AFL Grand Final – Sydney v Hawthorn: Everything is turning to Gold – With the ‘Hand of Rioli’


It will be recalled Hawthorn only qualified for the 2014 Grand Final after a narrow 3-point escape from Port Adelaide. Our fourth consecutive Preliminary final decided by under a kick. I needed the defibrillator.


A Hodge smother and tackle saved our hides. You can never have enough Hodge. Still, Port had made it back to 50, with Lake in Monfries’ clutches and an umpire running in to make a decision. If ever I was going to pop my clogs on an umpire’s call, this was it.


‘Ball Up’. Siren. We were in it.


Over the next week the media rather exhaustively reported how much more impressive the Swans were in the respective Preliminary Finals (which they were) and how they had a guy named Franklin who was certainty for Norm Smith (which he wasn’t). Comparatively, we seemed to have fallen arse-backwards into this. I tend to be lightly eternal-pessimist, expecting things to turn out worse than hoped for – like the Scottish referendum or ‘the Bachelor’. To play the Swans again, with Franklin on their team and they as hot favorites, put a monkey of doom, on a unicycle on my back.


Another troubling point was selection. On Thursday evening we knew Cyril Rioli and Ben McEvoy were ‘in’. I felt a tingling of optimism, or self-delusion, the kind that drives you into an abyss of self-recrimination afterwards. Grand Final history is littered with stories of teams playing unfit and underprepared players. Then again, Cyril is in a class of his own.


The day before the 2014 Grand Final I went to the parade, in sunshine, and felt more tingling. So much so, I needed to have a fireside chat with myself. We could make a fist of it, but don’t get your hopes up Pauly-Sue.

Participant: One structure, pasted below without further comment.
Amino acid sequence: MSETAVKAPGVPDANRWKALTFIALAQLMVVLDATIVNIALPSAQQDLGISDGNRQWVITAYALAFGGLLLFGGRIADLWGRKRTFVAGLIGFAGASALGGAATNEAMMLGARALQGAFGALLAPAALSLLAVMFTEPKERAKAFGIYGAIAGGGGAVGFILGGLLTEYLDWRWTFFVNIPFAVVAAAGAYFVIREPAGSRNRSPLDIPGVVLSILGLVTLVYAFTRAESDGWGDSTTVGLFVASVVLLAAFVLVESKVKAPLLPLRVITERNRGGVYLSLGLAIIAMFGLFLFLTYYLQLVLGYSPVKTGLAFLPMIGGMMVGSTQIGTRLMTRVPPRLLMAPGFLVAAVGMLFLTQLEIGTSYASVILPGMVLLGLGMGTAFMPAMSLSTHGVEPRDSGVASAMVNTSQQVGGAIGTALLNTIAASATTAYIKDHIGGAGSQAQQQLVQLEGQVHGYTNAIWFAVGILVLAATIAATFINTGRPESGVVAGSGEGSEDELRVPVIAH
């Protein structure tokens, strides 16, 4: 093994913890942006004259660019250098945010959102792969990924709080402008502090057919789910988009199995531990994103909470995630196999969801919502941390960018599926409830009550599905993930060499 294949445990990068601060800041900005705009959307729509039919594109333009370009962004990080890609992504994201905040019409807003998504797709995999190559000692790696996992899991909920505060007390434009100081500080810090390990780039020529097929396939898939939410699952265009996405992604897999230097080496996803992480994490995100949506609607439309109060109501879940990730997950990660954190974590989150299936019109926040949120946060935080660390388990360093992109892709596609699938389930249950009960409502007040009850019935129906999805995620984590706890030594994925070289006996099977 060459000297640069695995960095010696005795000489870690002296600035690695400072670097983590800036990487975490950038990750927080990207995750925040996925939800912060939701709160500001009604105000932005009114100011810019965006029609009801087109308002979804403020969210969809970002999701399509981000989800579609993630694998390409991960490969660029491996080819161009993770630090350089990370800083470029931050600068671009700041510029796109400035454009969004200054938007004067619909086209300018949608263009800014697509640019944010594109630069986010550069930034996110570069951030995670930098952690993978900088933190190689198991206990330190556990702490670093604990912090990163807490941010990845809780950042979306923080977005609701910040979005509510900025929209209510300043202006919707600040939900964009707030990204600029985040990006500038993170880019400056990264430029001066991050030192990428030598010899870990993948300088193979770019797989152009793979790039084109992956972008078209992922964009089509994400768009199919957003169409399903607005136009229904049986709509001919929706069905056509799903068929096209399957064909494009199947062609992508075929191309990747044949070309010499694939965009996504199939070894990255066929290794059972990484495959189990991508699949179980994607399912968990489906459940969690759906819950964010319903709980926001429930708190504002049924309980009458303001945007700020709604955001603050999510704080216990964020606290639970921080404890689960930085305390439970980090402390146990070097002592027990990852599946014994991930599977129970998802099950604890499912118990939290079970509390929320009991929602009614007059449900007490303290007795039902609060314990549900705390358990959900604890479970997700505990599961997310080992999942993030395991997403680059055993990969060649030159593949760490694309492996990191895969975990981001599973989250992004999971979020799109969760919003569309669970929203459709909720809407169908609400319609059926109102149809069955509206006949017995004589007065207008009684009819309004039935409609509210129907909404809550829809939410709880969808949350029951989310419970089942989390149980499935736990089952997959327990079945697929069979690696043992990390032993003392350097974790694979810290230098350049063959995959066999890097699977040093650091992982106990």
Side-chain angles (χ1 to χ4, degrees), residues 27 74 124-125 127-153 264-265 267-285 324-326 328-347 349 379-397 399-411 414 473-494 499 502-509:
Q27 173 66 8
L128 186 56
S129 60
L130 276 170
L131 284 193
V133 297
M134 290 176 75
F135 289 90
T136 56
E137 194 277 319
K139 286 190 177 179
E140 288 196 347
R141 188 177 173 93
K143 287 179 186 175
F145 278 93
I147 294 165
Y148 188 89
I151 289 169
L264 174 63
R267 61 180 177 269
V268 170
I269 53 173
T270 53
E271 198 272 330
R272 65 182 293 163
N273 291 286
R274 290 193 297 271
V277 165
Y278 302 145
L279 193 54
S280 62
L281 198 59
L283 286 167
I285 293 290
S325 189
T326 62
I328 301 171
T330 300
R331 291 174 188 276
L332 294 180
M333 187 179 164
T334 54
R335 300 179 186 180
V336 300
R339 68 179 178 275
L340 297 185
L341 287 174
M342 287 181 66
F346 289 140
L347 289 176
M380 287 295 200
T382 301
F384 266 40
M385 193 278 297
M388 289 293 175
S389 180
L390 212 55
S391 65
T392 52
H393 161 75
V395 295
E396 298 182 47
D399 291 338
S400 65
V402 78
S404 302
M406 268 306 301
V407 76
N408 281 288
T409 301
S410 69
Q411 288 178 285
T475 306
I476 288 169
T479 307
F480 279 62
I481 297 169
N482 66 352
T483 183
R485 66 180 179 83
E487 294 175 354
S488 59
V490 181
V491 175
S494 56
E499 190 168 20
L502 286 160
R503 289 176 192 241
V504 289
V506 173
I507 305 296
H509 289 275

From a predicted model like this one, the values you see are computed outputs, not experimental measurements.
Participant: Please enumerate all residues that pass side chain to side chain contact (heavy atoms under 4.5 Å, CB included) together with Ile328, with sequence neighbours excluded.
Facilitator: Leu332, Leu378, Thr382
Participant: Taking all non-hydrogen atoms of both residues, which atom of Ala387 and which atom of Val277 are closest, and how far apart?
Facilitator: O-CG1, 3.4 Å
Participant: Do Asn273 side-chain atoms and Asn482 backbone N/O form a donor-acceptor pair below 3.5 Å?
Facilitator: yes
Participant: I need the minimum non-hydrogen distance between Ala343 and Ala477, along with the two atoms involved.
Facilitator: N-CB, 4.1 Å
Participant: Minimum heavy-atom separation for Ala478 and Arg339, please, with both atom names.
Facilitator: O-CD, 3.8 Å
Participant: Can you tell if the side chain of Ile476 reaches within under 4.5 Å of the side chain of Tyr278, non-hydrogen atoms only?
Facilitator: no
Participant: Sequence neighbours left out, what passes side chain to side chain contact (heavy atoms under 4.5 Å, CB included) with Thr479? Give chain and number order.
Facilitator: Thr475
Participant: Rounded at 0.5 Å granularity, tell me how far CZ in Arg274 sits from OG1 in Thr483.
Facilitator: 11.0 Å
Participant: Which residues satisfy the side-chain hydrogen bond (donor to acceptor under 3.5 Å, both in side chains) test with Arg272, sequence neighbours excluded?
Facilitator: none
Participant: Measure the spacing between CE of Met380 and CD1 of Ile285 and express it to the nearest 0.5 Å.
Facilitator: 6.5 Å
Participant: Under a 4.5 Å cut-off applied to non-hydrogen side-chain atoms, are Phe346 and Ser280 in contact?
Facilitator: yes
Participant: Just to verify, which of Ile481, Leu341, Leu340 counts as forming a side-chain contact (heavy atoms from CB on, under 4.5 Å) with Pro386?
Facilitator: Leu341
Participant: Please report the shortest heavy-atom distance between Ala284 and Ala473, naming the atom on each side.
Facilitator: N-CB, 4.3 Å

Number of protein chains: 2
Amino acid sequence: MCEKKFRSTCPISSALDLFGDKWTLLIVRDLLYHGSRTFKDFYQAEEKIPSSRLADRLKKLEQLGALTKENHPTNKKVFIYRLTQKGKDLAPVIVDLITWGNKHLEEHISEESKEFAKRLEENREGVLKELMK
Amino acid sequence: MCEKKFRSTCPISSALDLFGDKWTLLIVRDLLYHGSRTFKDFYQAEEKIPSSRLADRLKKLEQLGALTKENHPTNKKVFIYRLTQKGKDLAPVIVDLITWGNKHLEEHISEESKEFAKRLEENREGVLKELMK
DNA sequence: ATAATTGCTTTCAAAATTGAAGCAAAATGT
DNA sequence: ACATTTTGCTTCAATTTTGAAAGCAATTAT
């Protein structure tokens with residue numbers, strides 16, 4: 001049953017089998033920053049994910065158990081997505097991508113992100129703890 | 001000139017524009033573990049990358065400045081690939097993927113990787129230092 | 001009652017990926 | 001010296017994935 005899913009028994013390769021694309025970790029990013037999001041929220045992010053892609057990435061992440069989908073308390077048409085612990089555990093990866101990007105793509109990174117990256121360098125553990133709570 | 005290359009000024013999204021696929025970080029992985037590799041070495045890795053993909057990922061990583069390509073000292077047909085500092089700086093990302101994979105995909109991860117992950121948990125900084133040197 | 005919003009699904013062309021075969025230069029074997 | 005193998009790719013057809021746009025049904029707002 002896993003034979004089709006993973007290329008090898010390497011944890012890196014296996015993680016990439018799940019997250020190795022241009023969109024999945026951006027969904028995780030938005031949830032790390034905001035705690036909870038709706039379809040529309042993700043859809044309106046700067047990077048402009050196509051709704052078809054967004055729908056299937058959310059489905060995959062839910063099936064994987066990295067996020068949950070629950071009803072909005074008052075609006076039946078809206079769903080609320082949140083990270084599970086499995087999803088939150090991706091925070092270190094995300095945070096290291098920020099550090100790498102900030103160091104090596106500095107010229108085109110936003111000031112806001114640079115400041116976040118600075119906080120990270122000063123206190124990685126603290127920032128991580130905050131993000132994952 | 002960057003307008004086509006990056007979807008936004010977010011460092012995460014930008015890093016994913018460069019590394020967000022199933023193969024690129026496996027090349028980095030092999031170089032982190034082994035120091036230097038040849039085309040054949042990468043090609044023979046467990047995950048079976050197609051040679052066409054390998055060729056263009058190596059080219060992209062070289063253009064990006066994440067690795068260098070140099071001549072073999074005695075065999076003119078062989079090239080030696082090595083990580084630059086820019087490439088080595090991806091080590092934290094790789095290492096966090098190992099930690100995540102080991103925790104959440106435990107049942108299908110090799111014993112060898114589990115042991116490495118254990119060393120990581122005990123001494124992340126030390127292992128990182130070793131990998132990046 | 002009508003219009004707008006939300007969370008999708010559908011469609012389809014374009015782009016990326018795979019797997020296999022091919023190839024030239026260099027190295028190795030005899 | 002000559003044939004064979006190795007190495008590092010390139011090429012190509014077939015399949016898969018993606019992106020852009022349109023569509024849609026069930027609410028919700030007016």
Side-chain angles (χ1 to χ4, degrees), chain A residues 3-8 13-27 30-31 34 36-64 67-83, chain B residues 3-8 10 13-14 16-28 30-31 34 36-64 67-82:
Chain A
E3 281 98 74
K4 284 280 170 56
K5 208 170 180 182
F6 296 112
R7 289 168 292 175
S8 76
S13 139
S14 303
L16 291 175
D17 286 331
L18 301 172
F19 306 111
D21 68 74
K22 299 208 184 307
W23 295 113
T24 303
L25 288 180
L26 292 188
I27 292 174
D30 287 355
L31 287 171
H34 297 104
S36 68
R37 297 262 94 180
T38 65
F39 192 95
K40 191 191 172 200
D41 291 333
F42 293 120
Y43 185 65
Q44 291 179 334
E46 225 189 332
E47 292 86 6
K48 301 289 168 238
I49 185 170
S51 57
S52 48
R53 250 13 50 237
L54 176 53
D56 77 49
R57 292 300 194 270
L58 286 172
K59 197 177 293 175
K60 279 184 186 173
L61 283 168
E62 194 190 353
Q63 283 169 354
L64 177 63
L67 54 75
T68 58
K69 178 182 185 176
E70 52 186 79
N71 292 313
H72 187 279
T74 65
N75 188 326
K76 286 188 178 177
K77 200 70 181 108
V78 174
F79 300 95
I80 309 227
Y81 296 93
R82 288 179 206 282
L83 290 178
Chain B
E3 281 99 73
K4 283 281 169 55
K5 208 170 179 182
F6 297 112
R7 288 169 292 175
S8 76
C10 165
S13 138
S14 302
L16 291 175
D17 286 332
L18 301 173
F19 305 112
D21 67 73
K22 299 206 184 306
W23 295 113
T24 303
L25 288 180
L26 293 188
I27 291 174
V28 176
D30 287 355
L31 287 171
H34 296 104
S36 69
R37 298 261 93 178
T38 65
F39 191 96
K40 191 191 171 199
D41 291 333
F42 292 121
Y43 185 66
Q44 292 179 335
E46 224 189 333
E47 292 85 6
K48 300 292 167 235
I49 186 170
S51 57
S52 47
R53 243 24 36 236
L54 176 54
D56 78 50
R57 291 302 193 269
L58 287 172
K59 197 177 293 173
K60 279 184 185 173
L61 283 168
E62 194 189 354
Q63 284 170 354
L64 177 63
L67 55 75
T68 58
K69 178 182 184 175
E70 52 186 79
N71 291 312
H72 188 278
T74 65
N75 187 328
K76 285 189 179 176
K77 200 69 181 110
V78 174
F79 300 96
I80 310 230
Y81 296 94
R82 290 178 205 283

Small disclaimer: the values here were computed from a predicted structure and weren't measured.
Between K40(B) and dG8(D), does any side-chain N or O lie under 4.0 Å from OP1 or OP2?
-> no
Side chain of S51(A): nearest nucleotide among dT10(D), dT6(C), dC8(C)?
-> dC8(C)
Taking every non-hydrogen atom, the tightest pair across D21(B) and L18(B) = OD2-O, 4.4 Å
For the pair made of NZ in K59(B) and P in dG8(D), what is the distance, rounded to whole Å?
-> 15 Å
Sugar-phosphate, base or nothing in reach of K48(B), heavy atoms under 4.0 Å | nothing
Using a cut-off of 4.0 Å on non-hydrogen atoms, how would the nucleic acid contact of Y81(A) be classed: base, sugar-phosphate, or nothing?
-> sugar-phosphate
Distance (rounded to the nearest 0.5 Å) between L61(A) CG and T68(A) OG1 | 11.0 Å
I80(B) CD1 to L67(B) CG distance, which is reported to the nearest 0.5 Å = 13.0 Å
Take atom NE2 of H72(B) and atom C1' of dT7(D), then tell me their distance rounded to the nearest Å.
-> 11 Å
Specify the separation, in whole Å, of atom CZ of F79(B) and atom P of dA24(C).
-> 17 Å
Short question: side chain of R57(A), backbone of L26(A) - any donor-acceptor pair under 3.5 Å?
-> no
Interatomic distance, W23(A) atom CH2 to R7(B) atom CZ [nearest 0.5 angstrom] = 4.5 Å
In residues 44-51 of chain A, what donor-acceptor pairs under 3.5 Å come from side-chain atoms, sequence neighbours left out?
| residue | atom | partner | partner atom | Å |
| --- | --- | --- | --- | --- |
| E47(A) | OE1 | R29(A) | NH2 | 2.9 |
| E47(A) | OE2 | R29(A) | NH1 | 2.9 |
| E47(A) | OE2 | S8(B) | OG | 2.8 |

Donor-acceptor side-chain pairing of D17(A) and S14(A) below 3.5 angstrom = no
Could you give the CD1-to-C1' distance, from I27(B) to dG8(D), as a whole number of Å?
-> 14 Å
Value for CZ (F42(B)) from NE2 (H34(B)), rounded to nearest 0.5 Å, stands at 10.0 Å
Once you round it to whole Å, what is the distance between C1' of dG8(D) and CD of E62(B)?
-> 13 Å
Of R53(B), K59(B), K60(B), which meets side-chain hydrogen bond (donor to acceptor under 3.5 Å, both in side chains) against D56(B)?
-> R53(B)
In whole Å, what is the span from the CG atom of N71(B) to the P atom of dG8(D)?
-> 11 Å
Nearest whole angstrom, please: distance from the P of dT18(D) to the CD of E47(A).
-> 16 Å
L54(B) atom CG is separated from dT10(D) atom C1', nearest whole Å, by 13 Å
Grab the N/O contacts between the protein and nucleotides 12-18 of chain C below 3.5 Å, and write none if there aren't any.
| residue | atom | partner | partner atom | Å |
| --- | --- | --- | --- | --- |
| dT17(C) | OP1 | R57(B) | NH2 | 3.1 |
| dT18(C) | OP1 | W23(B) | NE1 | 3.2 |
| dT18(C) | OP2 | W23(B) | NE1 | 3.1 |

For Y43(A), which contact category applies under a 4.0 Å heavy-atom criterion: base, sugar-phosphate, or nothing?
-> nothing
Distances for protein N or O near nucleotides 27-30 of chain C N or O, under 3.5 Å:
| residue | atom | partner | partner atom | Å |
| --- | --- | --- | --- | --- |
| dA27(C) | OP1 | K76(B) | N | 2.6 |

I was running late on Grand Final Day and missed pre-game drinks with a couple of friends. I went to my seat in the Ponsford stand, a solid gold section with the red and white McCoys over yonder.


Inextricably linked with this Grand Final were echoes of 2012. Maybe only I heard them, but I heard them. It was only 2 years ago, fresh enough in the memory.


Melbourne had turned on its well-known sunshine and as Tom Jones sang, I admired our green, green grass of home. Preliminaries were over, game on.


I liked our start. We had early possession, energy and industry. In the opening minutes Shiels brought Kennedy down in a tackle but missed his shot. A couple of minutes later, Kennedy nailed his and I heard an echo of his running goal in the 2012 decider.


Puopolo marked for our first, but Sydney were quickly back in attack. Lloyd’s kick was to the advantage of Franklin, who marked under some attention from Lake and goaled in front of the new admirers. I was deeply distrustful. Would he make this spin on his axis? Would the narrative be, there’s no ‘i’ in team, but there are five in individual brilliance? And was there any chance of an understated ‘hands in pockets’ goal celebration, in the manner of Frankie Lampard when he scored for City against Chelsea recently? I thought not.